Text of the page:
The reason this film receives a lot of praise and everyone loves it… is for the lovability of the characters. It’s the fact that you love all of these kids and you don’t want them to die. The big rave from every critic about this movie is you are actually pulling for the characters and not for the zombies. So how did you react differently? I think you are confusing the character ARCHITYPES with stereotyopes, or “clichés”. For example, the cheerleader is not a cliché. The cliché stereotype would be if she’s a dumb blonde. But she’s not. She’s a smart (yet innocent) girl.

    Which main character is hateful or condescending cartoon?

    You really think that not one of them develops or grows over the course of the film? ARE YOU KIDDING?

    The lead guy Jimmy grows in a major way. His archetype is the loser who doesn’t take anything seriously. He has no responsibility for anything… but he grows into a leader who leads these group of kids to save their friends at the prom. The school bully develops and grows. He used to kick all of these nerd’s asses everyday and in the end he ends up saving them. When he tells Jimmy “sorry I punched you today” as he’s dying? C’mon. That someone who’s gone through a major transformation.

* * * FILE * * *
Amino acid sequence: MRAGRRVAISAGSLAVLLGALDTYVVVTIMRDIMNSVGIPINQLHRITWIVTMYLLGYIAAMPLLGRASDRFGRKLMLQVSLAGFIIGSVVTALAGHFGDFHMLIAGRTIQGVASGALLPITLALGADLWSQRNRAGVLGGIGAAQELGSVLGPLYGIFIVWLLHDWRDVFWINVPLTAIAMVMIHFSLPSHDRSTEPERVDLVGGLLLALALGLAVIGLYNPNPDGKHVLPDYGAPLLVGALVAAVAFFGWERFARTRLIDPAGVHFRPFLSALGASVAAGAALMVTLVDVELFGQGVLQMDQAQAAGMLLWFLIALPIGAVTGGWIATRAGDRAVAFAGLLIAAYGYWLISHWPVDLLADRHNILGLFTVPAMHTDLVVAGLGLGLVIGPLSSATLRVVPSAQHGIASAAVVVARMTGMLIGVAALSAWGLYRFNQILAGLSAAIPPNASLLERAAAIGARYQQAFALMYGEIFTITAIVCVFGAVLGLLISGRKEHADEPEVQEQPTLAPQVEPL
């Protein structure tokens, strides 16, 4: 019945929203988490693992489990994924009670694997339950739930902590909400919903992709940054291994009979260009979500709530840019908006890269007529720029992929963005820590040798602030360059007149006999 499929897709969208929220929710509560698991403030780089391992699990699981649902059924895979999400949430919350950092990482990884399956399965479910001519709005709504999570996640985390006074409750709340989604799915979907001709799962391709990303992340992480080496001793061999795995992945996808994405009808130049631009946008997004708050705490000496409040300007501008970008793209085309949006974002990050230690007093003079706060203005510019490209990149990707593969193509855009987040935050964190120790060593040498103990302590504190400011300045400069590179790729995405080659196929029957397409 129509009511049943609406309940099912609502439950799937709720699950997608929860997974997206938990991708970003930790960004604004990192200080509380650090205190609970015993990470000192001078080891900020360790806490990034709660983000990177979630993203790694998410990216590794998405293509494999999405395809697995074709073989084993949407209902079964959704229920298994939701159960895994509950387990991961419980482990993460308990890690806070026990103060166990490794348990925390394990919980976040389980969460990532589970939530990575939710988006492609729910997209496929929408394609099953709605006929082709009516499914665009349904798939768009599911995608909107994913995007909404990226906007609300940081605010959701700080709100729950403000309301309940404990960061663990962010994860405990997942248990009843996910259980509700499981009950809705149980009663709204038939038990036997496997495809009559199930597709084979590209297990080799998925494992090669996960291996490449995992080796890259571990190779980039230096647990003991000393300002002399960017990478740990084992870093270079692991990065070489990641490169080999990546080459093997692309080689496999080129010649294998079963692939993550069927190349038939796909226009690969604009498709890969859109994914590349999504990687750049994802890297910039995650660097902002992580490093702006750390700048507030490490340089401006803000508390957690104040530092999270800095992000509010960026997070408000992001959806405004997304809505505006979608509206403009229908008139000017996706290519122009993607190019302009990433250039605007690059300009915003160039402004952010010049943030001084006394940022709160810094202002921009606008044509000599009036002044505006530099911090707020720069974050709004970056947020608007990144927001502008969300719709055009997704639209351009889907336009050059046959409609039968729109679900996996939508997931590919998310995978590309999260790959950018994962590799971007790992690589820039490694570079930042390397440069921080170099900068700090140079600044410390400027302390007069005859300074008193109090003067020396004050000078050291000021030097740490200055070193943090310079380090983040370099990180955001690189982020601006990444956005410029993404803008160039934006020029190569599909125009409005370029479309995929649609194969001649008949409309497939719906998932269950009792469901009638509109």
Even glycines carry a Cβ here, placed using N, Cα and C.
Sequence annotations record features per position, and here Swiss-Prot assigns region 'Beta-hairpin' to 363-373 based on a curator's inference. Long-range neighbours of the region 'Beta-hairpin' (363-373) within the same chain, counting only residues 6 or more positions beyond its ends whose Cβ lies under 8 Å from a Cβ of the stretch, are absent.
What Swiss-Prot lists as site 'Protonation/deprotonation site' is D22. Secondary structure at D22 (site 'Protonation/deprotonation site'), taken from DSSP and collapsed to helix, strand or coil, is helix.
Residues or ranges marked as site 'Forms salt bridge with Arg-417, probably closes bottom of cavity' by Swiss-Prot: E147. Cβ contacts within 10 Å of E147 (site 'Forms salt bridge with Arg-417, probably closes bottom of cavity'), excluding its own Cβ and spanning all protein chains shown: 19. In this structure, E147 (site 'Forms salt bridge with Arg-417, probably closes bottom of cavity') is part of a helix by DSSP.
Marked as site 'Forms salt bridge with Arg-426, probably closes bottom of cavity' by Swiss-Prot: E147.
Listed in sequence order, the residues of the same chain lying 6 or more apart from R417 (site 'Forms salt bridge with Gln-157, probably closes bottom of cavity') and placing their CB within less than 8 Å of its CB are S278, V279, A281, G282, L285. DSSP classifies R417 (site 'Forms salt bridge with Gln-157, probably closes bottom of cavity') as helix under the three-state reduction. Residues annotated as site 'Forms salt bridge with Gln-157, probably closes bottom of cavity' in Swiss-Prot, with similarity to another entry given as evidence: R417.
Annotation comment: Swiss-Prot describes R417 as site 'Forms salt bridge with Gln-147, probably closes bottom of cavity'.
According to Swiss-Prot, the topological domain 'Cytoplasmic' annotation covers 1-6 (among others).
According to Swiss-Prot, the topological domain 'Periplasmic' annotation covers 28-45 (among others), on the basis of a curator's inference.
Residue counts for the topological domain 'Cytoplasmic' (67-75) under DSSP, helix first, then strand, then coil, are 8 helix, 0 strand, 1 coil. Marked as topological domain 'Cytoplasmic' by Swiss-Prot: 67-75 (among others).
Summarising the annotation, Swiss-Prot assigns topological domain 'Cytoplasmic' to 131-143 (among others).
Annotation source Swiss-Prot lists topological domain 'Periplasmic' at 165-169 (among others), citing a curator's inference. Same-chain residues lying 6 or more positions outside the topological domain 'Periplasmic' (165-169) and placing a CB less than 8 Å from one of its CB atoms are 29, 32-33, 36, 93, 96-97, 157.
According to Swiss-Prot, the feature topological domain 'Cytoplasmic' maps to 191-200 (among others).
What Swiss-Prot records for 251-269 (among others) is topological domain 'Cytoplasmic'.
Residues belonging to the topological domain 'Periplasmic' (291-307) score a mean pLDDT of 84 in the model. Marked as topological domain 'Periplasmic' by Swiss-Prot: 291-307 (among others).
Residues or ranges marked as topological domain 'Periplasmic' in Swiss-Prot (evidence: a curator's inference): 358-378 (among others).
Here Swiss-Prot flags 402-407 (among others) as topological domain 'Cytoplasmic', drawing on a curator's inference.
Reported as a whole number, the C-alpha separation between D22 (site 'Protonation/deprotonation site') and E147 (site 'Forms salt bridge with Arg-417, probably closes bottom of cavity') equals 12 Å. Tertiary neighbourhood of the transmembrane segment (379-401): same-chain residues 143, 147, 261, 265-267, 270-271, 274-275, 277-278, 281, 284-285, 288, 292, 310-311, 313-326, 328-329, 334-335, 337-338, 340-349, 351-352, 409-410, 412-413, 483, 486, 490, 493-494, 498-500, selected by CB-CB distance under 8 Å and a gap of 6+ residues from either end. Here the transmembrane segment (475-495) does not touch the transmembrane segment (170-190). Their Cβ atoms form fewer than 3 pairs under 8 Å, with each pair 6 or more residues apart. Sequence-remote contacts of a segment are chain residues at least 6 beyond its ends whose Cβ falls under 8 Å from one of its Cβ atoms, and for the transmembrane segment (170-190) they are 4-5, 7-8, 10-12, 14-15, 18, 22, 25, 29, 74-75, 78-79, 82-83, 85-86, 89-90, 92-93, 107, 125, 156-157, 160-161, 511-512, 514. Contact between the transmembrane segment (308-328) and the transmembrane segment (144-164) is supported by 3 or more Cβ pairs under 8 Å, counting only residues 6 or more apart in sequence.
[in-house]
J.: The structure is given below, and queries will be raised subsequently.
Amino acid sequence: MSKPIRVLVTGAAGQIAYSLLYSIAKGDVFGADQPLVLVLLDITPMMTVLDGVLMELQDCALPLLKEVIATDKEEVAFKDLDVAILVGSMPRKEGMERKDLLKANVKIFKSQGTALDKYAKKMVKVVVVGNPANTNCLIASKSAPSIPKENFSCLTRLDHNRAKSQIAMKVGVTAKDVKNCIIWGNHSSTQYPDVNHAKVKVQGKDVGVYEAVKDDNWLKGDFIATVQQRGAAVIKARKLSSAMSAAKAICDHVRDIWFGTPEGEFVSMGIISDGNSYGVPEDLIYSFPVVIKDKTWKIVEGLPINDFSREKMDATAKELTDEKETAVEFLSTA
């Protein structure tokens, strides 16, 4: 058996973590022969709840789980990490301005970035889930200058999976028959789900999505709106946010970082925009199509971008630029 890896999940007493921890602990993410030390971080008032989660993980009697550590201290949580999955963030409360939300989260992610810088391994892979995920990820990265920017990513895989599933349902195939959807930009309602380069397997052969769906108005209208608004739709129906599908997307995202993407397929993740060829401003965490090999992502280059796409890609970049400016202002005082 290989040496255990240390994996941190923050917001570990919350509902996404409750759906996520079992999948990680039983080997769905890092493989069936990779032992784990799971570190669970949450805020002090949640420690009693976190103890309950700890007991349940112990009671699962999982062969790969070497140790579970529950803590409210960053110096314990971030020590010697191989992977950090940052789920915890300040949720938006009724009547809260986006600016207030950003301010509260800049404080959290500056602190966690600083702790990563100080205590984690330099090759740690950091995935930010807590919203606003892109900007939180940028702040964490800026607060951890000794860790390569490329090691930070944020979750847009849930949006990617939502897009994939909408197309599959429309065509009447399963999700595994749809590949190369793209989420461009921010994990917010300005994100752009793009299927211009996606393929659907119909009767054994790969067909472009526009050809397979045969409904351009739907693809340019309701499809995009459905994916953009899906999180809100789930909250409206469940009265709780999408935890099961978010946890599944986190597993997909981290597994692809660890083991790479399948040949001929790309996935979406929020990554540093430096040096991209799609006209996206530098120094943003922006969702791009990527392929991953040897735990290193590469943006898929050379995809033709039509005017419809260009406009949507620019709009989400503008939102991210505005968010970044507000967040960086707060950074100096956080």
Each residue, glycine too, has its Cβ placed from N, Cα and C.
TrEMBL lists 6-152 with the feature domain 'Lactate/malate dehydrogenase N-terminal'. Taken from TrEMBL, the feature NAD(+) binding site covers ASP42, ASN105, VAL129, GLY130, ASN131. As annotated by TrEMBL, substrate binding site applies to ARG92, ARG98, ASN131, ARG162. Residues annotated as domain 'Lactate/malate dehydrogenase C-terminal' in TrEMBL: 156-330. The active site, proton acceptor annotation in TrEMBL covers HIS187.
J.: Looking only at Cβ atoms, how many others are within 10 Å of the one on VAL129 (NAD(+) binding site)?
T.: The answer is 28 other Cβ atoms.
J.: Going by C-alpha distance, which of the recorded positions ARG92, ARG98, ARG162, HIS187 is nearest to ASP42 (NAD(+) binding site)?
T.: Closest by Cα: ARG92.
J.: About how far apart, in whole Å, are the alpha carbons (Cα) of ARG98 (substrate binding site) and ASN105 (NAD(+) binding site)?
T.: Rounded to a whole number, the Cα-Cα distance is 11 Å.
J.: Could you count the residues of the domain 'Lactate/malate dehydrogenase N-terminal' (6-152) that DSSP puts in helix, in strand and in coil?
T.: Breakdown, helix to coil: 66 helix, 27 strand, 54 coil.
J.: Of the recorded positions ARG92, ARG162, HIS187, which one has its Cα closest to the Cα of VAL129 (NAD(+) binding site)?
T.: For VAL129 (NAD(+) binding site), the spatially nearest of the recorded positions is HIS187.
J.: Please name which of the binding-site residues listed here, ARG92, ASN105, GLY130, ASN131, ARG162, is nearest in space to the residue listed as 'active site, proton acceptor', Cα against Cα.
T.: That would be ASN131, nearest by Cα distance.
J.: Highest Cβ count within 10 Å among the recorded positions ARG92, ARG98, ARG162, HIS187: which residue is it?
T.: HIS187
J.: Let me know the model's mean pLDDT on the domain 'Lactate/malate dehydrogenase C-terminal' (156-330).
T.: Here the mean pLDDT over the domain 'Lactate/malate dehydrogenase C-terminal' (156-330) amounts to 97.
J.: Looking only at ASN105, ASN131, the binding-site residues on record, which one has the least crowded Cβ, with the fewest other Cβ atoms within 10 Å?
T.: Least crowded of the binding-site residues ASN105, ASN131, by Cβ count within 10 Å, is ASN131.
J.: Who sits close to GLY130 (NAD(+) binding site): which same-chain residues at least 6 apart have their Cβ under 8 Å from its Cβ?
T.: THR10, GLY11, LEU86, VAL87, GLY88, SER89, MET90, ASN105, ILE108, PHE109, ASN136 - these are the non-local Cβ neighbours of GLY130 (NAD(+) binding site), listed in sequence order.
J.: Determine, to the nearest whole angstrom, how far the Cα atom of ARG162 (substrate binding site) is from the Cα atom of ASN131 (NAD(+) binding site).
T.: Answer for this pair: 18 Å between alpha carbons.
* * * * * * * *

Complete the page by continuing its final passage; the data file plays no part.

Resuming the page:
The entire movie are all about these character’s growth. They’re the misfits and losers who end up saving the day. Zero to hero. The band who couldn’t play the dance because they’re too loud, finally get to play the dance (after they get a five hour practice session keeping zombies at bay, of course) The sci-fi geeks (who are lovable and hilarious) grow from boys into men. The unlikely heroes.

    I mean, it’s a zombie movie!! Do you really want the movie to stop and for all the kids to sit around and talk about their family or flashback to when their dad left them? I certainly don’t.

    The tone was consistent and spot on, I thought. Specifically what point did you think it ever waivered?

    No real plot? How about “go to the school and save our friends”??? Pretty straight forward.

  3. Anonymous7:52 AM

    PART 2:

    Give me one example of how you say “The narrative logic of one scene has nothing at all to do with the narrative logic of the next.”

    You completely missed the theme. It isn’t that the nerds DEPEND on the people that mistreat them to survive. It’s that when the shit goes down, that all of the social barriers fall and don’t matter anymore. It’s kind of like THE BREAKFAST CLUB… but with zombies. The geeks are now friends with the bully. The nerd gets to kiss the girl, etc.

    How were the nerds foolish or ineffectual? As I recall, the nerds got to kick a lot of ass themselves. I remember the kids fighting off zombies with mallets, bats, & axes…. and what about the kid that kills that zombie with a shovel as he’s attacking the cheerleader? The kid with the football helmet that his friend gave him? I’m beginning to wonder if you were paying attention.